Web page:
The virus that causes hand, foot, and mouth disease (HFMD) is a particularly contagious condition. The disease’s name comes from the painful mouth sores and blister-like rash that appear on your child’s hands and feet. Anywhere on their body, including their chest, back, arms, legs, genitals, and buttocks, can develop the rash.
The majority of people who contract hand, foot, and mouth disease are infants and kids under the age of five. Children in daycare centers and schools frequently contract it quickly. However, older kids and even adults can contract it. It’s possible to contract HFMD more than once because several viruses have the ability to spread the illness.
The symptoms of hand, foot, and mouth illness are often mild and resolve on their own within seven to ten days.
Stages of Hand, Foot, and Mouth Disease
Hand, foot and mouth disease symptoms usually appear in two stages. When the illness starts, your child might have flu-like symptoms, such as:
- Sore throat
- Mild fever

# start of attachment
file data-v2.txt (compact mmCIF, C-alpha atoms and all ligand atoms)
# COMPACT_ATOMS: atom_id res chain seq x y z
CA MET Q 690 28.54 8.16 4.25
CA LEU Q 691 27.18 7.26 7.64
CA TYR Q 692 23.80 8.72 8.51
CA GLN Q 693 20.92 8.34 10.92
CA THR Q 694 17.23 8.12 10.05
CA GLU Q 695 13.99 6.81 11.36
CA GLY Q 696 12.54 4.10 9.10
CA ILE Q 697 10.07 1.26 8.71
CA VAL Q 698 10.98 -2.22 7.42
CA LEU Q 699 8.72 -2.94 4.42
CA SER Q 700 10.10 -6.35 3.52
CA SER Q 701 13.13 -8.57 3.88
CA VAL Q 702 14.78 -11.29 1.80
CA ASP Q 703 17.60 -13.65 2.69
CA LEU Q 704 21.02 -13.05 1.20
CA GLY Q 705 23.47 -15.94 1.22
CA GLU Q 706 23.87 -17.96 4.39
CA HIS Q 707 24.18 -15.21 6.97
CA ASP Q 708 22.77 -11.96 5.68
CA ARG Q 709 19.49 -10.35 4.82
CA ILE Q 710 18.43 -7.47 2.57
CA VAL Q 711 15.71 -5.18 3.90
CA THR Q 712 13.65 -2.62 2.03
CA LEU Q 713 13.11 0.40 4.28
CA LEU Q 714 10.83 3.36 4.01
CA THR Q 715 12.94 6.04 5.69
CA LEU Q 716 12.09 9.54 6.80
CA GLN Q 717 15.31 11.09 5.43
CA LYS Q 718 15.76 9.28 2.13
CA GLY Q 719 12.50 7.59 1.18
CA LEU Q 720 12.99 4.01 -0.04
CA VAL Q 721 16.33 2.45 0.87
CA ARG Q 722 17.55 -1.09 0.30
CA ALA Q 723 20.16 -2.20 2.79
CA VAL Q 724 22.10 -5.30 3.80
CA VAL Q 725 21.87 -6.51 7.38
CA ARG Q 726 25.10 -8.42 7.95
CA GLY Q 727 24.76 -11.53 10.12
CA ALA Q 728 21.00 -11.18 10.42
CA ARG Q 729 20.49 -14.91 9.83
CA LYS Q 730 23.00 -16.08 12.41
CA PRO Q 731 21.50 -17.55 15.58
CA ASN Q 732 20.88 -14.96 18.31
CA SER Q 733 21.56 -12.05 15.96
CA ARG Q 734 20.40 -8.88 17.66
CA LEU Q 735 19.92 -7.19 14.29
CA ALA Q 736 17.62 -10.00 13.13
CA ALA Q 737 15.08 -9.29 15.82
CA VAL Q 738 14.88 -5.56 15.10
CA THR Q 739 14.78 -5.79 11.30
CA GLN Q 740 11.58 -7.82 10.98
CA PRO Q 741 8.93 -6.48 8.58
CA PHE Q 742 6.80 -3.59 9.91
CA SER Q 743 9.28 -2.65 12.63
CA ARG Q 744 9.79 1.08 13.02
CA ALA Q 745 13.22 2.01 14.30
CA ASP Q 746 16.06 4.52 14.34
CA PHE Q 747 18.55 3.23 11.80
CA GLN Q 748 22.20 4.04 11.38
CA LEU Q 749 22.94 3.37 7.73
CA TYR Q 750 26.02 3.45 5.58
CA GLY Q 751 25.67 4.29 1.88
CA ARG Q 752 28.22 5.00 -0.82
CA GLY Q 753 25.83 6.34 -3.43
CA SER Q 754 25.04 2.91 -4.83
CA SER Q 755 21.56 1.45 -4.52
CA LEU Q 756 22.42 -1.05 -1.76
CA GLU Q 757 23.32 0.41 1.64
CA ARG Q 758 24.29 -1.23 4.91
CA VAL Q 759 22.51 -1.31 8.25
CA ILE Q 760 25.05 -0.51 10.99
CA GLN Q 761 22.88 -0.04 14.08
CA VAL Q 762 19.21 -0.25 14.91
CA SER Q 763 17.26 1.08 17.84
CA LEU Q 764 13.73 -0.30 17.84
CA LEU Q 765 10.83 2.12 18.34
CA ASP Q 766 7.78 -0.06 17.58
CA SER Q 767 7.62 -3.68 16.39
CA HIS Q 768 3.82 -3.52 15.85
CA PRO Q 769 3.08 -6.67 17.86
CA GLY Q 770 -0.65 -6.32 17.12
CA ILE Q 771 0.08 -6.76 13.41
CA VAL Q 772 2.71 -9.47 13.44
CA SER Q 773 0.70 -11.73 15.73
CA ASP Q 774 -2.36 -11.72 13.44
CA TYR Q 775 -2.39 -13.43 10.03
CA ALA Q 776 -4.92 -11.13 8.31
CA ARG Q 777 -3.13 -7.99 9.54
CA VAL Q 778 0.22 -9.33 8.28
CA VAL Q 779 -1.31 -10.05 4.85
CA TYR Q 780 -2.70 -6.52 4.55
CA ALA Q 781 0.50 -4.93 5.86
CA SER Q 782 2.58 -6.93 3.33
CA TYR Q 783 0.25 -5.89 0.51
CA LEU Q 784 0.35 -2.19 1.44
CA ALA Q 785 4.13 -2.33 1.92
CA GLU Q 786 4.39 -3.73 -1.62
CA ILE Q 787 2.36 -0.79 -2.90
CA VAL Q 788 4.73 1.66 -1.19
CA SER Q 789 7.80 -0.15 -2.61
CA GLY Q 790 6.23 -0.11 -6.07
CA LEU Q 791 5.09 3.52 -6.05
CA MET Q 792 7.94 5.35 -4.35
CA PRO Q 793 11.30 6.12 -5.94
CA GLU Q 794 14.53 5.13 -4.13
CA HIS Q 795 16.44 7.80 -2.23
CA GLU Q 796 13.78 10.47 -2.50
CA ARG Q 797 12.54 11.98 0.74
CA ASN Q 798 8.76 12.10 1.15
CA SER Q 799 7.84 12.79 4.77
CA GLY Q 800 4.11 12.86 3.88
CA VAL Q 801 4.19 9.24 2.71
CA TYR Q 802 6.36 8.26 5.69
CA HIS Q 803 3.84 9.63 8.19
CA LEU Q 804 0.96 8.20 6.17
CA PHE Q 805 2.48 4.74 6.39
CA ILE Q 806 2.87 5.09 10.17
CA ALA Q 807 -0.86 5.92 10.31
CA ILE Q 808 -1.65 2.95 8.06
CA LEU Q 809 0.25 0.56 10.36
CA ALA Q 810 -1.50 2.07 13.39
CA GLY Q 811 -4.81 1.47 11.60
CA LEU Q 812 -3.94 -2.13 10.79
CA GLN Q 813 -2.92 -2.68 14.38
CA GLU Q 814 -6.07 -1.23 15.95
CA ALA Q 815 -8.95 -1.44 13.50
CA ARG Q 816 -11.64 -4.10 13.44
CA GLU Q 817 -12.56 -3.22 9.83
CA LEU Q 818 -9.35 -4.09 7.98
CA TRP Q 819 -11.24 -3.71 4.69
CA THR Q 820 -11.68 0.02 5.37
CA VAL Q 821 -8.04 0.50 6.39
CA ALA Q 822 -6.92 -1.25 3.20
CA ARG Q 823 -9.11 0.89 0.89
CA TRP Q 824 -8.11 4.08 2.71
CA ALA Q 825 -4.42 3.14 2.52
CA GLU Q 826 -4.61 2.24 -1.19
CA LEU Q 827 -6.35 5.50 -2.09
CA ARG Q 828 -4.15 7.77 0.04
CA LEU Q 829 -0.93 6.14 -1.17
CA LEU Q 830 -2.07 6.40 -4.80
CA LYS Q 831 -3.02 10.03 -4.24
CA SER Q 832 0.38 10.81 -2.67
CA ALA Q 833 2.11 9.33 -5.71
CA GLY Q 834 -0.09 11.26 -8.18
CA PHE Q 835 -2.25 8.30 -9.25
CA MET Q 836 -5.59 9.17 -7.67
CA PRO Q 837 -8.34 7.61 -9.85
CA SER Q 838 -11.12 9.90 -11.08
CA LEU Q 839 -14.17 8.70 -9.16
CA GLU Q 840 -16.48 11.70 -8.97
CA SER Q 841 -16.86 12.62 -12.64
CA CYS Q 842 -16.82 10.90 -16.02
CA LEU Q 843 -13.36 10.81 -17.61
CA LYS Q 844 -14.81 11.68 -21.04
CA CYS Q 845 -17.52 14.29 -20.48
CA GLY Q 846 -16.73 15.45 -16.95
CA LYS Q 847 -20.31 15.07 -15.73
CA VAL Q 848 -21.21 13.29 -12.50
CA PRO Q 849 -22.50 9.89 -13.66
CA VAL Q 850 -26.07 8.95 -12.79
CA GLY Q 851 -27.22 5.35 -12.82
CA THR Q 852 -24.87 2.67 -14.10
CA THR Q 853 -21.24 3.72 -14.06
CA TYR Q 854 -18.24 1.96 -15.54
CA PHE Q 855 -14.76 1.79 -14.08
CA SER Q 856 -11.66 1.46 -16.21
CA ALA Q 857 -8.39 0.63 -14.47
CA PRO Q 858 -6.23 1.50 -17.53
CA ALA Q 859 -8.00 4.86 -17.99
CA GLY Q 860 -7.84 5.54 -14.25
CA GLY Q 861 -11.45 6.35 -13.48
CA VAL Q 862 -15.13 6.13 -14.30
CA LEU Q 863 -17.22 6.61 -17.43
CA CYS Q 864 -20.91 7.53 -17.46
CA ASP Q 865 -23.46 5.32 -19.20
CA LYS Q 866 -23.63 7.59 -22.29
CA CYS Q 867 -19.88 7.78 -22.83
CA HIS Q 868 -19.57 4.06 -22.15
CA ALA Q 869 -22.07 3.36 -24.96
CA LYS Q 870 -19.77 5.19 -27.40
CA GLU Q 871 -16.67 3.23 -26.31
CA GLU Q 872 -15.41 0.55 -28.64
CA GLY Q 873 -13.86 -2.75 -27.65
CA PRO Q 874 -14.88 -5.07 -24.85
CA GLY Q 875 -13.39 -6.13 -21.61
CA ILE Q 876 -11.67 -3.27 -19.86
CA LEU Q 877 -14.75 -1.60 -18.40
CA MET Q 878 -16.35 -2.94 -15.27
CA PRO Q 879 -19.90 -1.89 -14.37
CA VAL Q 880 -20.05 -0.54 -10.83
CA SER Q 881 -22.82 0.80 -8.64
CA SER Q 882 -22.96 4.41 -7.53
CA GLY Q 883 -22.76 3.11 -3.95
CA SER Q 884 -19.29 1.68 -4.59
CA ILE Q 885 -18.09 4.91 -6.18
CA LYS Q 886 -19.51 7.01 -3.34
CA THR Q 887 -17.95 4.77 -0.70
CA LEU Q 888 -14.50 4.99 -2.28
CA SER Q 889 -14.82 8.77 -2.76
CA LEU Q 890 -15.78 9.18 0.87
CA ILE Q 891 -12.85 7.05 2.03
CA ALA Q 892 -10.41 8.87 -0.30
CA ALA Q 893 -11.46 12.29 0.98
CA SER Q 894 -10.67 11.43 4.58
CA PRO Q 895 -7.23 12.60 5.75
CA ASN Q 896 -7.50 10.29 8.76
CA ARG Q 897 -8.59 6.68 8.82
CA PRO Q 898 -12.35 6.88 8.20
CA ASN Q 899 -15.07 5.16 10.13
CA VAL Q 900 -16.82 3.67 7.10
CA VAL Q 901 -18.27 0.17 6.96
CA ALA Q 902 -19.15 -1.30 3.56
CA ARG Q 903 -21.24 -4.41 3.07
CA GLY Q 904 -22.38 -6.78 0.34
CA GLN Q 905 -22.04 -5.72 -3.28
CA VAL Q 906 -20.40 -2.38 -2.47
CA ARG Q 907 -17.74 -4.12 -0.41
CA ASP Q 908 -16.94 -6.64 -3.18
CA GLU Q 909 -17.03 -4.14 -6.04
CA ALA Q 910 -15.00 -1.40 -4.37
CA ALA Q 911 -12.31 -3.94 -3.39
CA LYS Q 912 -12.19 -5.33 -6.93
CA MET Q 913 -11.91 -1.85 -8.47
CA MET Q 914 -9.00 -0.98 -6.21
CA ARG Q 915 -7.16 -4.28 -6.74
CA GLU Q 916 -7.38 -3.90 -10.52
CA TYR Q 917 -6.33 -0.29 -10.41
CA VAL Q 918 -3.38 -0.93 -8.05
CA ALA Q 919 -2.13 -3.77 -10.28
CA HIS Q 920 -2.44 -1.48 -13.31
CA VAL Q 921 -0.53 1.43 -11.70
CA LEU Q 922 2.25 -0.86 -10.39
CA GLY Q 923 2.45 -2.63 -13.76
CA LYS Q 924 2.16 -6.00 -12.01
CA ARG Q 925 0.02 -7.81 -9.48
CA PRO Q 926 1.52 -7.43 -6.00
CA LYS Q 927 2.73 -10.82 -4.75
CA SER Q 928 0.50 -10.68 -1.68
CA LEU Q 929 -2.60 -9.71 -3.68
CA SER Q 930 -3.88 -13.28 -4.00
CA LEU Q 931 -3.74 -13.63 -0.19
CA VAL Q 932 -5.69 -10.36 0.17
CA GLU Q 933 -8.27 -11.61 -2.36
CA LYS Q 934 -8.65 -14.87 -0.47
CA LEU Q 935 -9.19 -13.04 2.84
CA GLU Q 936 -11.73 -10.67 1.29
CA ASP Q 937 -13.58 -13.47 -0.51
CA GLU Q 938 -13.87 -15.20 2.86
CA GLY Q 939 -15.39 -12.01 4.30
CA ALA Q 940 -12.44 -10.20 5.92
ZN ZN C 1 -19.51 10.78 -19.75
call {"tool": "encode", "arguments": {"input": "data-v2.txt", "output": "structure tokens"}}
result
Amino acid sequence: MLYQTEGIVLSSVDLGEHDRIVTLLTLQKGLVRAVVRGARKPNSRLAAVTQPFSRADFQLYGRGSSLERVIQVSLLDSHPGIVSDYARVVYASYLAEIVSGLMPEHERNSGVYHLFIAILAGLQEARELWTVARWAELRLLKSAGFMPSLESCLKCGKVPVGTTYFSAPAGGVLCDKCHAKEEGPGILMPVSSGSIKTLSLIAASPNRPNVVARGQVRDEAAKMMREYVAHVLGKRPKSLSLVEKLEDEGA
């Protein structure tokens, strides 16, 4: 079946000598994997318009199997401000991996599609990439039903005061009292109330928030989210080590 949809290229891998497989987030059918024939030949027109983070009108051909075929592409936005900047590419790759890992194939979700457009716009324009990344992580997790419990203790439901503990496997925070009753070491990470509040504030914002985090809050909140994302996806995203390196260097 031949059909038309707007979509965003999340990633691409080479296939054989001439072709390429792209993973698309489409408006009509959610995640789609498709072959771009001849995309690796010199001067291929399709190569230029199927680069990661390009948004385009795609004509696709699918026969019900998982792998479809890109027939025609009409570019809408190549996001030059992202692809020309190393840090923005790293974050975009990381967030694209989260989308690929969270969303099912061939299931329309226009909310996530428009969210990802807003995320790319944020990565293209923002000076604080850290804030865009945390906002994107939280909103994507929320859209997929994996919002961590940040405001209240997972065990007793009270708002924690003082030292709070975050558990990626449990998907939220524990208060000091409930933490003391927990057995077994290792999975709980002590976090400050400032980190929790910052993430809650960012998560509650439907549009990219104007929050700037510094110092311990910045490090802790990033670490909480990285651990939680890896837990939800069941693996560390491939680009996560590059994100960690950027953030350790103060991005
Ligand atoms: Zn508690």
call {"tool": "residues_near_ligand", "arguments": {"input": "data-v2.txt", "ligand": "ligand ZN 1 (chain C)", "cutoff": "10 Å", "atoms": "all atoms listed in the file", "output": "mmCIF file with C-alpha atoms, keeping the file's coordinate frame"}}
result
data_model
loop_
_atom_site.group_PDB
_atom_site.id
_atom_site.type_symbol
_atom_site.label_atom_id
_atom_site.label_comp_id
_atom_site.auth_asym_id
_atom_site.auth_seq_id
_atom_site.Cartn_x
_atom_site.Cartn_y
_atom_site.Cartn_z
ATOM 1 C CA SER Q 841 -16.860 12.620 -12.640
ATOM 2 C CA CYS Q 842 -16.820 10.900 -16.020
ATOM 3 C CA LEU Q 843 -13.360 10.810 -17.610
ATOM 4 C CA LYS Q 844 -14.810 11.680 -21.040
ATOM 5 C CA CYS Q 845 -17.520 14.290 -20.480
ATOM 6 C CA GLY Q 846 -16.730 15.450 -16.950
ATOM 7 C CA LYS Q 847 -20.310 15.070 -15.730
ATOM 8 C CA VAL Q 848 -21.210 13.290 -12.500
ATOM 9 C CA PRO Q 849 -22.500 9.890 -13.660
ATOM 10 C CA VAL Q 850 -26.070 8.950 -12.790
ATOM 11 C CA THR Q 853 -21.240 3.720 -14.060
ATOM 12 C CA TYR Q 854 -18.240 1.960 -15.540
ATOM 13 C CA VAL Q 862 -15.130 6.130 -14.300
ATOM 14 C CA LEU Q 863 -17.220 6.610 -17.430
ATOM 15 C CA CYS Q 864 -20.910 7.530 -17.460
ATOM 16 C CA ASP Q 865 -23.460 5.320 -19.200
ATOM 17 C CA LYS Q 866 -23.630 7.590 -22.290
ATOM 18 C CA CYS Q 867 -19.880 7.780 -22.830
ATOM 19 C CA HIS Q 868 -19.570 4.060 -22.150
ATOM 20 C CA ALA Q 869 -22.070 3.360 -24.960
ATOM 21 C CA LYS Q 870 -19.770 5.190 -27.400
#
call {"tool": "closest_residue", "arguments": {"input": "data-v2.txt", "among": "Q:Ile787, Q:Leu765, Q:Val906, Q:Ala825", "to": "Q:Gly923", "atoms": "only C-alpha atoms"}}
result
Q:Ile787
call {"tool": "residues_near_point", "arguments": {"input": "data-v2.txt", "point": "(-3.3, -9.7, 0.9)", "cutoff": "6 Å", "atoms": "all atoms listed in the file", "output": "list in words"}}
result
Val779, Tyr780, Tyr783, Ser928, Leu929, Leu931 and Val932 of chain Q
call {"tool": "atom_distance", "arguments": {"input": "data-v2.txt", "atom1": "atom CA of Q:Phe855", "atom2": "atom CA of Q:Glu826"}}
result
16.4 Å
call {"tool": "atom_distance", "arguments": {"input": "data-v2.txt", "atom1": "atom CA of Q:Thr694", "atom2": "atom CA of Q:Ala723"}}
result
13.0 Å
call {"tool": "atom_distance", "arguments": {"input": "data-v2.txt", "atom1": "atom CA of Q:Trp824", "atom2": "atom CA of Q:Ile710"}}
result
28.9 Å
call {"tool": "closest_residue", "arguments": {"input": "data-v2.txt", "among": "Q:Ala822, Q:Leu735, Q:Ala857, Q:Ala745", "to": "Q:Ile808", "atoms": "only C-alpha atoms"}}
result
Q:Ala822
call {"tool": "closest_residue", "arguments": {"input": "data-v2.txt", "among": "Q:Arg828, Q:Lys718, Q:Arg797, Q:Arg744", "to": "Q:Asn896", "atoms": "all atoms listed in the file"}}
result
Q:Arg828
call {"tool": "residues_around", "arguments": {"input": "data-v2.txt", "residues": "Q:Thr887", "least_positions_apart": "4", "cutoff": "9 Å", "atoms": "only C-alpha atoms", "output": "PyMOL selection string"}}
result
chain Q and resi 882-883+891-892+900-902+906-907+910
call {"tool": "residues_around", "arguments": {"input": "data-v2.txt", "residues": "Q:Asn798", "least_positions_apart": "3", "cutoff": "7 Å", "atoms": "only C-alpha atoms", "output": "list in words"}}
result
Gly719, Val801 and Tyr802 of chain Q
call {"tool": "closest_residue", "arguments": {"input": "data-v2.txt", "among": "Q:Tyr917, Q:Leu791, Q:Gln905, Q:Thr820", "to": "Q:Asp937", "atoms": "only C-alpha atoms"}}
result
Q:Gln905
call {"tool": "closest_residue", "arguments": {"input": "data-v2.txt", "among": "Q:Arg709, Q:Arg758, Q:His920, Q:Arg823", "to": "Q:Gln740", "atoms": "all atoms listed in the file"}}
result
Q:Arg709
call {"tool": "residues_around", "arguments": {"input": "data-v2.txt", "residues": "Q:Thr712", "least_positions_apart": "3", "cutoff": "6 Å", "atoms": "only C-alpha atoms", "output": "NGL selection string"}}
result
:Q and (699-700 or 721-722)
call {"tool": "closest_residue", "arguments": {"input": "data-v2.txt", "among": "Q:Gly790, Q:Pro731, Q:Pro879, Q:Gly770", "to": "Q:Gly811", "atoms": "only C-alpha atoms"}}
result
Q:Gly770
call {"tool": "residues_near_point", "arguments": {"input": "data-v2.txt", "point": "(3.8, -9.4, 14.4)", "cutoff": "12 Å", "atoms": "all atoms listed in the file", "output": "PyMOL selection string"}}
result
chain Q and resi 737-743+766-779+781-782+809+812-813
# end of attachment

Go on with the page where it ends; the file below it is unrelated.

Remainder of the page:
- Stomach ache
- Runny nose.
- Loss of appetite.
These symptoms will go away and new symptoms will develop, including:
- Painful mouth sores that might appear on their tongue or anywhere else in and around their mouth. Usually beginning as little lumps or bright pink spots, the sores develop into blisters over time.
- A rash that itches on your child’s genitalia, buttocks, elbows, knees, palms of their feet, or elbows and knees.
- Swollen lymph nodes on their necks
Typically, hand, foot, and mouth disease symptoms go away in seven to ten days. Children under the age of two may, however, require a little more time for their bodies to completely rid themselves of the virus.